The characters - even the ones who seem only to serve to perpetuate certain stereotypes - are colorful and interesting, to be certain, and the actors assigned the roles are charming and talented. As we become invested in the story of young Calogero (played with confident aplomb by Frankie Leoni on open night in Nashville), who witnesses a man gunned down on the street in the musical's early moments, we are quickly caught up in the machinations of the aforementioned who rules the neighborhood with beneficent fear.
By the time Calogero has had his Sicilian name shortened to "C" by Sonny and Joey Barreiro (who is known to local audiences for his performance in Studio Tenn's 2013 production of Into the Woods) has taken over the role, audiences are firmly entrenched in the tale and eager to see what lies ahead for the young man. Meanwhile, Lorenzo (the lad's dad) attempts to remain in control of his son's upbringing, arguing for the boy to remain on the straight and narrow before falling victim to the easier, if more dangerous and more lucrative, life promised by Sonny.
Barreiro, who joined the show for the national tour, is terrific in the role of Calogero and he anchors the cast with his focused performance, providing much of the show's heart with his skillful portrayal of the young man torn between loyalty to his father and the man who teaches him the necessary street smarts needed to make a successful life in the neighborhood. When C meets an intelligent and attractive young African-American woman, with whom he is instantly smitten in the way musical theater romances tend to evolve, things become infinitely more complicated for him. Brianna-Marie Bell's impeccable soprano make her musical moments more special, of course, and her onstage relationship with Barreiro adds another layer to the already compelling story.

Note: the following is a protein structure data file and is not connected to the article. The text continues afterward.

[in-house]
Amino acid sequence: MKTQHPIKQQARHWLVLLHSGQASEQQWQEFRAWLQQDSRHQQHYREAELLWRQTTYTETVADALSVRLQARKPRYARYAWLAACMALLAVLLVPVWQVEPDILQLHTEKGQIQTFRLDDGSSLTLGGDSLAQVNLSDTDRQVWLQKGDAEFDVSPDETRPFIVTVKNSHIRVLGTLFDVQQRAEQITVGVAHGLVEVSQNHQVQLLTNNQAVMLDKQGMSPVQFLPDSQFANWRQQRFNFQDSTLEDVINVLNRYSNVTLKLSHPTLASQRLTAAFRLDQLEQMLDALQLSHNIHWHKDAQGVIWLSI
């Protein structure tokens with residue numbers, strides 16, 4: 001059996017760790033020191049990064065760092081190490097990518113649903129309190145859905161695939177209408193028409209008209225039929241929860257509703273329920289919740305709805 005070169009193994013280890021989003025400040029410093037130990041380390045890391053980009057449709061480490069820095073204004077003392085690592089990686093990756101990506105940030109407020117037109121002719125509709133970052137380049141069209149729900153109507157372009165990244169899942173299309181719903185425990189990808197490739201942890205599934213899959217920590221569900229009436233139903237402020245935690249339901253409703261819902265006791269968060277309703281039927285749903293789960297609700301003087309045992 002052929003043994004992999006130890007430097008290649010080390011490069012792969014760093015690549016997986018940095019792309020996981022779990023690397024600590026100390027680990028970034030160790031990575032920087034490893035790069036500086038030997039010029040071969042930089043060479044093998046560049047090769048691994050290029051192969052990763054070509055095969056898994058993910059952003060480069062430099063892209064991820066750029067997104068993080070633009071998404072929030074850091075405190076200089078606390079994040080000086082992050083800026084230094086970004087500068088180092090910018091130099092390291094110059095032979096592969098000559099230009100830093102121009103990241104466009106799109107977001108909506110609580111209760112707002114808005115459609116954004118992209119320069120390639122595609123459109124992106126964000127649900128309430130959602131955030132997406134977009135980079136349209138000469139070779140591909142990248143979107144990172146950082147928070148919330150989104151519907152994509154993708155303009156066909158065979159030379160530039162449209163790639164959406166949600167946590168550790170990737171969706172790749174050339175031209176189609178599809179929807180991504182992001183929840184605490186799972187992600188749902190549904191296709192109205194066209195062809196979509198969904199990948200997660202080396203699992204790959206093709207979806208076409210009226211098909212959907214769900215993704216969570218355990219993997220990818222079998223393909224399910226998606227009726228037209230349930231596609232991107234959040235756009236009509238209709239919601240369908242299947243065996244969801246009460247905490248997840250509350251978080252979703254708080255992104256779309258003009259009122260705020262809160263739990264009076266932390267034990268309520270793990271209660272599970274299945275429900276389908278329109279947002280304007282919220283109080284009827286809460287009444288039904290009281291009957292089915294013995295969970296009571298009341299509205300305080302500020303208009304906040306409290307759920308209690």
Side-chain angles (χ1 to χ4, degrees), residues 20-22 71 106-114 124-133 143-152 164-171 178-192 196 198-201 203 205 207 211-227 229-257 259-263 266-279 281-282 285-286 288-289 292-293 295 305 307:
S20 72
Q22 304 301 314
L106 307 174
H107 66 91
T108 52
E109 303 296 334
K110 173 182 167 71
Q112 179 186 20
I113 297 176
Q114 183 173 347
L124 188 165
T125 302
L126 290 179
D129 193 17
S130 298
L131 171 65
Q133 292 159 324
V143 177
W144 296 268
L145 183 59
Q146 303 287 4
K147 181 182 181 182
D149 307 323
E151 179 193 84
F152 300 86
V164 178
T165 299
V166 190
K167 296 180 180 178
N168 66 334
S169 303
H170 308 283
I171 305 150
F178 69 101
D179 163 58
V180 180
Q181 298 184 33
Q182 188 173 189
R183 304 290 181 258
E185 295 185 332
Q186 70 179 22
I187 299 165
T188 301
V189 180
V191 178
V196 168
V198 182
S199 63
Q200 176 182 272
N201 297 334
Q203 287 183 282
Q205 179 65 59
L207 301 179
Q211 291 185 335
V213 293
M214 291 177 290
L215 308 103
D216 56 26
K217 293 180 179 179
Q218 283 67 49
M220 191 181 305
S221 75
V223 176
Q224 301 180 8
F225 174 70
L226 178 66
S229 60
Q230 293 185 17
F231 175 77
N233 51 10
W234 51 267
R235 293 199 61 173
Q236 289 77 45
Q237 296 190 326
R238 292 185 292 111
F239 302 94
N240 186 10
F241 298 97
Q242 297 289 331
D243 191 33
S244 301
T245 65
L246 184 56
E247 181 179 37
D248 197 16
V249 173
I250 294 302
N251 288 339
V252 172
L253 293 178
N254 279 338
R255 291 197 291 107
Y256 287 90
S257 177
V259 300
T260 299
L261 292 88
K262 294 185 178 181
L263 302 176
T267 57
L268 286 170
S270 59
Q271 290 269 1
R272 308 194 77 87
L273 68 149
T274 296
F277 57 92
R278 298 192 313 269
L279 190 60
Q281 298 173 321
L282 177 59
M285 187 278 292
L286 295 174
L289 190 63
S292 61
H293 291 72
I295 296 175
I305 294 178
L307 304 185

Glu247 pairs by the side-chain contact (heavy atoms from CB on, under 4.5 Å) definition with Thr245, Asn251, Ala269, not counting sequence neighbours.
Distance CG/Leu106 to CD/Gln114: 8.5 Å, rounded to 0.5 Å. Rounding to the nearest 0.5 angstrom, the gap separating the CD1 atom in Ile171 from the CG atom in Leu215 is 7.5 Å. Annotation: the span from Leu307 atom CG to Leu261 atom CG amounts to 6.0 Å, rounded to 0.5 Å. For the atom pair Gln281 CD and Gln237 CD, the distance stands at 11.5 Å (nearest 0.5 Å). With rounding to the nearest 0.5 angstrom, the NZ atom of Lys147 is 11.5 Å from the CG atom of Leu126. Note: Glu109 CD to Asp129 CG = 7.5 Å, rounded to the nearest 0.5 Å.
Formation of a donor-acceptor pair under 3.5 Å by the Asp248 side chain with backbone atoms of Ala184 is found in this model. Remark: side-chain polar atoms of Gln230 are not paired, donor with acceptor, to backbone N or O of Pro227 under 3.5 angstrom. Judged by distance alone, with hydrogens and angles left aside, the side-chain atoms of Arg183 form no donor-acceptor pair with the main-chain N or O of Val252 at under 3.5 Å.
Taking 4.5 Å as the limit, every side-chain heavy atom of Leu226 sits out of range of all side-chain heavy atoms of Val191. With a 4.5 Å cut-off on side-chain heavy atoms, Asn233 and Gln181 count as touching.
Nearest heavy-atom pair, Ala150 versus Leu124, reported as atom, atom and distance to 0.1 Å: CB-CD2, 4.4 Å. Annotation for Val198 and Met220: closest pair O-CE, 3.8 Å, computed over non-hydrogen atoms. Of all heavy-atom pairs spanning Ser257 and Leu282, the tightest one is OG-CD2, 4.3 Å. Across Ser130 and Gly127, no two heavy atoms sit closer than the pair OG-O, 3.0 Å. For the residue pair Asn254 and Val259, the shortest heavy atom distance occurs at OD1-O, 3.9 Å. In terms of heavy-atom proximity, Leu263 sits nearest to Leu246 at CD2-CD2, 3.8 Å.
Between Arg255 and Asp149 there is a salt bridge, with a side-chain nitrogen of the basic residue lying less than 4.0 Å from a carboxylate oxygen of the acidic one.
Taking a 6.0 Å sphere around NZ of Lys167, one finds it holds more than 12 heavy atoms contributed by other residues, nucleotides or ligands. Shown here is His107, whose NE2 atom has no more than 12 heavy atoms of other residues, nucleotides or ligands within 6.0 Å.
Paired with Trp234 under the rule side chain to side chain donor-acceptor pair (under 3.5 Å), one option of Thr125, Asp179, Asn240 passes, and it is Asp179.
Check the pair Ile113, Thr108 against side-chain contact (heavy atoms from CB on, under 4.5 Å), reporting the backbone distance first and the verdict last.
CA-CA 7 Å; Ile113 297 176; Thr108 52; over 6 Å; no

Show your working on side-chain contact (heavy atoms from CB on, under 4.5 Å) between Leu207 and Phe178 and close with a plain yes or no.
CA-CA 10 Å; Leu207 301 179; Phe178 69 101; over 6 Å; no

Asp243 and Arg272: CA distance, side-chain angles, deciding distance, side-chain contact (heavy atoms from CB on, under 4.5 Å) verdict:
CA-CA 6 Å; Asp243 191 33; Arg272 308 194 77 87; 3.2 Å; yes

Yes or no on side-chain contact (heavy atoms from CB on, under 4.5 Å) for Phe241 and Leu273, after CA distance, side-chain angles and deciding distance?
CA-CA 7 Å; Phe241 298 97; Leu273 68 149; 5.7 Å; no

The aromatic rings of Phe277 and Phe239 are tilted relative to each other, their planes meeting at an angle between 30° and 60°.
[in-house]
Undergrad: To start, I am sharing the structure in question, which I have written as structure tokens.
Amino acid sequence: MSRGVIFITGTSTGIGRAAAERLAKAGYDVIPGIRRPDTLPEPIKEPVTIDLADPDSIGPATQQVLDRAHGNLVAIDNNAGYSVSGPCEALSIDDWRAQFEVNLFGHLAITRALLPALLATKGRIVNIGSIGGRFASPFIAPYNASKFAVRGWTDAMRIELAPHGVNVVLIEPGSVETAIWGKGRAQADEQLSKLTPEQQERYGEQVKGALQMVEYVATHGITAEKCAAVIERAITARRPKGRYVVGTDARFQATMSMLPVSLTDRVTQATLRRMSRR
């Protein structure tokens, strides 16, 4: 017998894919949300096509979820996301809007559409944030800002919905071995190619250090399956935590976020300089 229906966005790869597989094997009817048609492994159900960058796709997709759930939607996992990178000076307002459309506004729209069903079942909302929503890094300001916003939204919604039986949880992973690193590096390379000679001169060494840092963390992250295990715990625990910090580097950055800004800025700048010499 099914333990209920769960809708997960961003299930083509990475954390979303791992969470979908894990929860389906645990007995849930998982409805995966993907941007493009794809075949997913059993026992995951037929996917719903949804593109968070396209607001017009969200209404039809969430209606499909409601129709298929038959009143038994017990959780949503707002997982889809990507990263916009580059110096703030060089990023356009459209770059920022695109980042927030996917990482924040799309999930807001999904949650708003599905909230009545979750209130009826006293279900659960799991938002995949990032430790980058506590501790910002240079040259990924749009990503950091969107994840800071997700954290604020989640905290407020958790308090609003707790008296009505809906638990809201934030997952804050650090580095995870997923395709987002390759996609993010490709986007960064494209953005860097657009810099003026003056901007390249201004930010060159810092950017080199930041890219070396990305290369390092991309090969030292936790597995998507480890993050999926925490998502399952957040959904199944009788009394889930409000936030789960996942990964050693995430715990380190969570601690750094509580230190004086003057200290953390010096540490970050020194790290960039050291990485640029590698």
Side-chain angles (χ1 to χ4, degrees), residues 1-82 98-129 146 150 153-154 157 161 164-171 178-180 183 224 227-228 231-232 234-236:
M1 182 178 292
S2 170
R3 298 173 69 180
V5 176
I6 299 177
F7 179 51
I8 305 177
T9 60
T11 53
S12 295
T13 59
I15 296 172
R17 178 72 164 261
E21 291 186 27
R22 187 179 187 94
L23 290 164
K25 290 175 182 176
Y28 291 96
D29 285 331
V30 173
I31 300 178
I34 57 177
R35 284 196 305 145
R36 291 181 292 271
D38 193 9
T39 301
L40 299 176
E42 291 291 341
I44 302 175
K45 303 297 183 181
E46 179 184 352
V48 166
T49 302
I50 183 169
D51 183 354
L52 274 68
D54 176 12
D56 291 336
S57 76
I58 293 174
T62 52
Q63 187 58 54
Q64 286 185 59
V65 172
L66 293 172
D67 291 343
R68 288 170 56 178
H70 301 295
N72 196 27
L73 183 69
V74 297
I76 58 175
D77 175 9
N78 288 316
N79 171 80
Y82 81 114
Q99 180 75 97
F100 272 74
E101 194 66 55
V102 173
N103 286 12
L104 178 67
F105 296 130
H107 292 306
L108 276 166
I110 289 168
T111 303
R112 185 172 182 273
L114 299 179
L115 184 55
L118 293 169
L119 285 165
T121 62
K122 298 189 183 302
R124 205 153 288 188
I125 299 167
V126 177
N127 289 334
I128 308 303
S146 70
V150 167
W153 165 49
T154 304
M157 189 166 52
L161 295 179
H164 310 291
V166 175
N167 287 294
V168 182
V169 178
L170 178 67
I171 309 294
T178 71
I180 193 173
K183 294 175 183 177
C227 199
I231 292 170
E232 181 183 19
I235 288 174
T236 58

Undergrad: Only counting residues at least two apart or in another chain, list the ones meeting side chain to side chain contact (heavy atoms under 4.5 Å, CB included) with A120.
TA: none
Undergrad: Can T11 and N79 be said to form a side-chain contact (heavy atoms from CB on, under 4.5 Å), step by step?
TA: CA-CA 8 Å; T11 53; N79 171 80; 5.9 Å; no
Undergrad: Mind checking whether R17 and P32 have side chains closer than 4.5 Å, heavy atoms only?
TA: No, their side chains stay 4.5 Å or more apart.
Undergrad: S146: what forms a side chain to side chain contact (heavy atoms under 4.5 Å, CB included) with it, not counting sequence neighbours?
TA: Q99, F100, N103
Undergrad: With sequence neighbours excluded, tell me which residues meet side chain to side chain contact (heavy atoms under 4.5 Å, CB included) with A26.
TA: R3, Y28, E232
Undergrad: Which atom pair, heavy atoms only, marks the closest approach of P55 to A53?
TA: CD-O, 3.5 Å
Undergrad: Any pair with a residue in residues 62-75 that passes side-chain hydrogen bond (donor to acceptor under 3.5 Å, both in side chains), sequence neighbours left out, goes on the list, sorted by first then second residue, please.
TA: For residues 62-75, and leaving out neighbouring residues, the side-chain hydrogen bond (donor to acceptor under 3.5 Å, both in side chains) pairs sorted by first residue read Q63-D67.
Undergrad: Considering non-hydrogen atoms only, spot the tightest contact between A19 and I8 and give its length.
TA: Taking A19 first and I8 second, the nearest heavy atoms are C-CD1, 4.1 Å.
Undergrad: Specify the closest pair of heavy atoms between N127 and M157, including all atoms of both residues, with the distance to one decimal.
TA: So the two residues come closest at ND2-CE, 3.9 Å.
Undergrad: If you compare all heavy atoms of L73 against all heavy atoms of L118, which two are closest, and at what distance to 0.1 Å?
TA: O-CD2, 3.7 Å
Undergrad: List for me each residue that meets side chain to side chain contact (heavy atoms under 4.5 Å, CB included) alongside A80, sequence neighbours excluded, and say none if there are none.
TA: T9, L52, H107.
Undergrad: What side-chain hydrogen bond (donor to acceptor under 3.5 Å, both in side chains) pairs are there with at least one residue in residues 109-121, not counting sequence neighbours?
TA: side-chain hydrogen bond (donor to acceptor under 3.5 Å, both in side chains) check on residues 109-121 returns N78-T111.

Richard H. Blake, who played the role of Lorenzo in the Broadway production, is a welcome part of the national tour's cast, lending his gorgeous voice and estimable stage presence to ensure the show's appeal. Michelle Avarena is quite good as Calogero's mother Rosina and her chemistry with Blake ensure their book scenes are vividly portrayed.
With supporting characters named Rudy the Voice, Eddie Mush, Jojo the Whale, Frankie Coffeecake, Tony 10 to 2, Sally Slick, Handsome Nick and Crazy Mario, Palminteri's colorful story becomes even more complex and intriguing and thanks to the commitment of the actors playing those roles (John Gardiner, Mike Backes, Michael Barra, Robert Pieranunzi, Paul Salvatoriella, Christopher Messina, Giovanni DiGabriele and Alex Dorf, respectively) the characters transcend stereotype to add depth and perspective to the proceedings.
There are moments in A Bronx Tale that Zaks' hand in the direction of the musical seems to present itself more definitively - the scene in which Sonny and his gang are shooting craps in the basement of Chez Bippy, for example, cannot help but be compared to Zaks' staging of a similar scene in Guys and Dolls - and Trujillo's acrobatic choreography provides much of the show's boundless energy, particularly in the early going.
A Bronx Tale. Book by Chazz Palminteri. Music by Alan Menken. Lyrics by Glenn Slater. Directed by Robert De Niro and Jerry Zaks. Choreographed by Sergio Trujillo. Music supervision and arrangements by Ron Melrose. The national touring company at Tennessee Performing Arts Center's Andrew Jackson Hall, Nashville. Through February 17. For details, go to www.TPAC.org. Running time: 2 hours (with one 15-minute intermission).
photos by Joan Marcus